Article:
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Wednesday 14 September 2022

The secrets of grenache with panache



Grenache is perhaps Australia's most under-rated wine grape variety.

It is such a pity that a juicy, fruity, delicious grape is ignored by many consumers, perhaps because they are not sure what to expect stylistically.

This Friday, September 16, is International Grenache Day and the perfect excuse to get your laughing gear around some grenache with panache.

Yalumba, who produce several fine examples of grenache, combined with Andrew Hardy and his Ox Hardy label for a recent media tasting to showcase the variety and I've also tasted some excellent recent examples from producers including Willunga 500 and Oliver's Taranga.



Other leading producers include Chalk Hill, Chapel Hill, Yangarra Estate, d’Arenberg, Varney Wines and SC Pannell.

In Australia, particularly, grenache seems to be at its best in warmer climes like the Barossa and McLaren Vale.

It is dominant variety in many Southern Rhone wines, particularly in Ch√Ęteauneuf-du-Pape.

Grenache, also known as garnacha in Spain, used to be the backbone of many of Australia's best fortified wines; back in the day when we had wines labelled as sherries, ports and tokays.

It is one of the most widely planted red wine varieties in the world but it needs careful work in the vineyard to make sure it is not too high-yielding, given its tendency to become overblown.

Grenache was one of the first varieties planted in South Australia, with plantings in McLaren Vale in the late 1830s and the Barossa in the early 1840s

Here, it is most often seen in GSM blends with shiraz and mourvedre (mataro), but many of the vines have been pulled out. Those that remain are often old and produce intense fruit. Handled correctly, the vines produce wines that are vibrant, aromatic and food friendly.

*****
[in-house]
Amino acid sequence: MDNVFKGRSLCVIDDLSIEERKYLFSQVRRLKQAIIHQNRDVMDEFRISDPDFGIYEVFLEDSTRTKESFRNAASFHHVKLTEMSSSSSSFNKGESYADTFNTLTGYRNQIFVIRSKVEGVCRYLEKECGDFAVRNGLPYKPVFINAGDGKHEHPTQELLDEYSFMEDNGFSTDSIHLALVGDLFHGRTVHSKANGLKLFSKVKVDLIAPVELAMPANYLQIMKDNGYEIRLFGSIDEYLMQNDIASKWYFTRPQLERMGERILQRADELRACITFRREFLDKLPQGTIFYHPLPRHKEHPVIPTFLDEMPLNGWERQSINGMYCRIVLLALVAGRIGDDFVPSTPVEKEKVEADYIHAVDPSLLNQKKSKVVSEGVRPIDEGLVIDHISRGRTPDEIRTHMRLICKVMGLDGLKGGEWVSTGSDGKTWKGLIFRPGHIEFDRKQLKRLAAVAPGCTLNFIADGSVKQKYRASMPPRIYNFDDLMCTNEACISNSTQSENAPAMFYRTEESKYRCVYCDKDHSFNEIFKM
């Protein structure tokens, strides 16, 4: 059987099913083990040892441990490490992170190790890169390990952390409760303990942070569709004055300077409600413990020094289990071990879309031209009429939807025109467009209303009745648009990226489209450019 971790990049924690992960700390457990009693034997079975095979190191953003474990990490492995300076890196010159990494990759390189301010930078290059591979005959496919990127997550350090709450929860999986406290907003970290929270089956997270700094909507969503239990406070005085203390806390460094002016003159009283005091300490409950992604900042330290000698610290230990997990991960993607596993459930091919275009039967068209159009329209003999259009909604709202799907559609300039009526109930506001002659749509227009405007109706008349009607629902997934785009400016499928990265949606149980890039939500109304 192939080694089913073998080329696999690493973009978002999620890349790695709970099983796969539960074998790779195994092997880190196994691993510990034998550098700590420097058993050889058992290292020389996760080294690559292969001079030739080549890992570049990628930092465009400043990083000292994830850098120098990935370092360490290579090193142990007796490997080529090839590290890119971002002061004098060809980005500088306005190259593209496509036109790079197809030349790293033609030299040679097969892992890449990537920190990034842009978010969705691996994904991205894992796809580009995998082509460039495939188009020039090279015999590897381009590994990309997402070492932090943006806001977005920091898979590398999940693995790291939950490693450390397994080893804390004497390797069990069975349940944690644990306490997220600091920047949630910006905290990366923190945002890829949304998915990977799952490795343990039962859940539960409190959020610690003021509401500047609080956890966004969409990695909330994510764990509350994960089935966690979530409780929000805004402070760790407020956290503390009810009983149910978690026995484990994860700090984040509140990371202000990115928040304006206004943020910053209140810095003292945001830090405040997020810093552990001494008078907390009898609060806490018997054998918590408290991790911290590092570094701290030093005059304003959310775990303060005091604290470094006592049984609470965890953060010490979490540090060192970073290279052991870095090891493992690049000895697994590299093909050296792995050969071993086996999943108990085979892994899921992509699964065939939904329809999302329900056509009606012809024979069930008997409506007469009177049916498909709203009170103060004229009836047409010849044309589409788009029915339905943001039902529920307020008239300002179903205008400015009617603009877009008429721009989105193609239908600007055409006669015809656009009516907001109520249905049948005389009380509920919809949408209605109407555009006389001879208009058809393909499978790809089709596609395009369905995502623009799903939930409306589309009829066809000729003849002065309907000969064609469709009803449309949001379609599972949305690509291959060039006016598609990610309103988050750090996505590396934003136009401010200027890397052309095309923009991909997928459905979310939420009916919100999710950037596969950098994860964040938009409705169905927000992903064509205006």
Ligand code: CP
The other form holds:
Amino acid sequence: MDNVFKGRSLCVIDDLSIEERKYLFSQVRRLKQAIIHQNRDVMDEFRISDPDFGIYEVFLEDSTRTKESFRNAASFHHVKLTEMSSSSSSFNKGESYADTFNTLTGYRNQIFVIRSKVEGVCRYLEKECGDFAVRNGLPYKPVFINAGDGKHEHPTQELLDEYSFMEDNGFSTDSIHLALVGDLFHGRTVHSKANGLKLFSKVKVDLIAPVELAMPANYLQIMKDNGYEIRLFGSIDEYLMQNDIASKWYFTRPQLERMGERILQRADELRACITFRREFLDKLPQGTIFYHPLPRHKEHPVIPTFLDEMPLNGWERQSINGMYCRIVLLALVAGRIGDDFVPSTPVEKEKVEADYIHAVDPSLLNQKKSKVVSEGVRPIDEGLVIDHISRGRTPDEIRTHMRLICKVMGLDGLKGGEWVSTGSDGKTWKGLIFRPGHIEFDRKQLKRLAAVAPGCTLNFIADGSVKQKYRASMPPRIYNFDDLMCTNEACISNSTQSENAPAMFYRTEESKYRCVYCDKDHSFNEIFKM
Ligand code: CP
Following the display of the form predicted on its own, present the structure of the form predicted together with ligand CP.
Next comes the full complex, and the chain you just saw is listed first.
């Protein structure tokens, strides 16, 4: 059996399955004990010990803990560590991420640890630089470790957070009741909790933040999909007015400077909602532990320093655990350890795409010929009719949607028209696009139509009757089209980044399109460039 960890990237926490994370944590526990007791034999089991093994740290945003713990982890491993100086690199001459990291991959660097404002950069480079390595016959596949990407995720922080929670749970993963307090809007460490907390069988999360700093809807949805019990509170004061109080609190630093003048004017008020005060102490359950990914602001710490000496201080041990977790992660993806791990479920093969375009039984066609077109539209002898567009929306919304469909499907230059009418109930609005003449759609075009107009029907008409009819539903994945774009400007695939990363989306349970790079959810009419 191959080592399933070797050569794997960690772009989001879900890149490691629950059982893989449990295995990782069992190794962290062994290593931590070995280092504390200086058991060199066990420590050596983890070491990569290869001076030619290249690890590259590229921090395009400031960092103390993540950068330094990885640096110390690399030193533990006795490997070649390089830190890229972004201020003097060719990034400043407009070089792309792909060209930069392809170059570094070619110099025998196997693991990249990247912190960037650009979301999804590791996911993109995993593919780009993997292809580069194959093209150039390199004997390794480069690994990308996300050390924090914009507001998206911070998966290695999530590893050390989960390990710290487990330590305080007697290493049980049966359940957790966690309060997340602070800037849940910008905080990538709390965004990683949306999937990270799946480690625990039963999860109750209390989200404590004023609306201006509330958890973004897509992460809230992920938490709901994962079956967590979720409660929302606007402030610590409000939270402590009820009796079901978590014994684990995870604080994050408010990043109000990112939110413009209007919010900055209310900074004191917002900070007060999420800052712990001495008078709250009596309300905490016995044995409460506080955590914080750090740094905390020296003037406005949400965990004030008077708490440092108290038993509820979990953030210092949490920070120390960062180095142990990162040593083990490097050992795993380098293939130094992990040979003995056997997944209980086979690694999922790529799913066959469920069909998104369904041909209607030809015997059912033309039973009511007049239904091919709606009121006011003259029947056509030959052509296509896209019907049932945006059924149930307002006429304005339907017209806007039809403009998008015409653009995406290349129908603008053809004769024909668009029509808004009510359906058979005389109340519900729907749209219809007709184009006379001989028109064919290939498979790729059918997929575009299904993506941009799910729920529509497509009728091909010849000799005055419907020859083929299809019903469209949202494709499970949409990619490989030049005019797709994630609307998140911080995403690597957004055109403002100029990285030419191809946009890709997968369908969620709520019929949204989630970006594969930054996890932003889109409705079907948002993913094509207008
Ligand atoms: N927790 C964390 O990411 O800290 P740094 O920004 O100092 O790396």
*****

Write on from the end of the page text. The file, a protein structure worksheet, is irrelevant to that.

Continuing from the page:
Yalumba senior winemaker Kevin Glastonbury, and Ox Hardy Wines boss Andrew Hardy agree that grenache is currently riding the success wave of the “the Pinot Noir revolution” with many drinkers looking for red wines of substance that are not too big, or oaky.

One of the keys to "new generation" grenache is picking the fruit before it goes to full ripeness, going for “red fruit rather than towards the black fruit spectrum,” Glastonbury says. "If you lose the fresh acid in grenache, then you lose the magic, because acid is the key.

"There is no doubt that grenache's time has come, particularly when it is made as a more elegant style of wine that is so friendly and drinkable."

Hardy agrees, hailing "lighter, fresher, aromatic and lifted" styles.

Wines tasted were the Yalumba Tri-Centenary Grenache 2019 ($65), Yalumba Vine Vale Grenache 2021 ($40), and two brilliant "value" offerings in Yalumba Bush Vine Grenache 2020 ($28) and Ox Hardy McLaren Vale Grenache 2021 ($38).


Willunga 100 winemaker Skye Salter - who makes outstanding individual vineyard examples from the Trott and Smart vineyards in McLaren Vale - says grenache is "undervalued and underutilised as a stand-alone variety in Australia", adding it is "a variety that never ceases to give me joy."

The Willunga 100 wines are made in tiny quantities and the 2021 wines retail for $55 with the Trott the more elegant style and the Smart a tad more assertive. 

Meanwhile, McLaren Vale’s inaugural Grenache & Gourmet kicks off this month.

The two week-long celebration of the region’s world-class grenache and grenache-blends launches on International Grenache Day and runs through to the Labour Day Long Weekend (1-3 October) with experiences at several wineries and restaurants.

See www.grenacheandgourmet.com.au for details.


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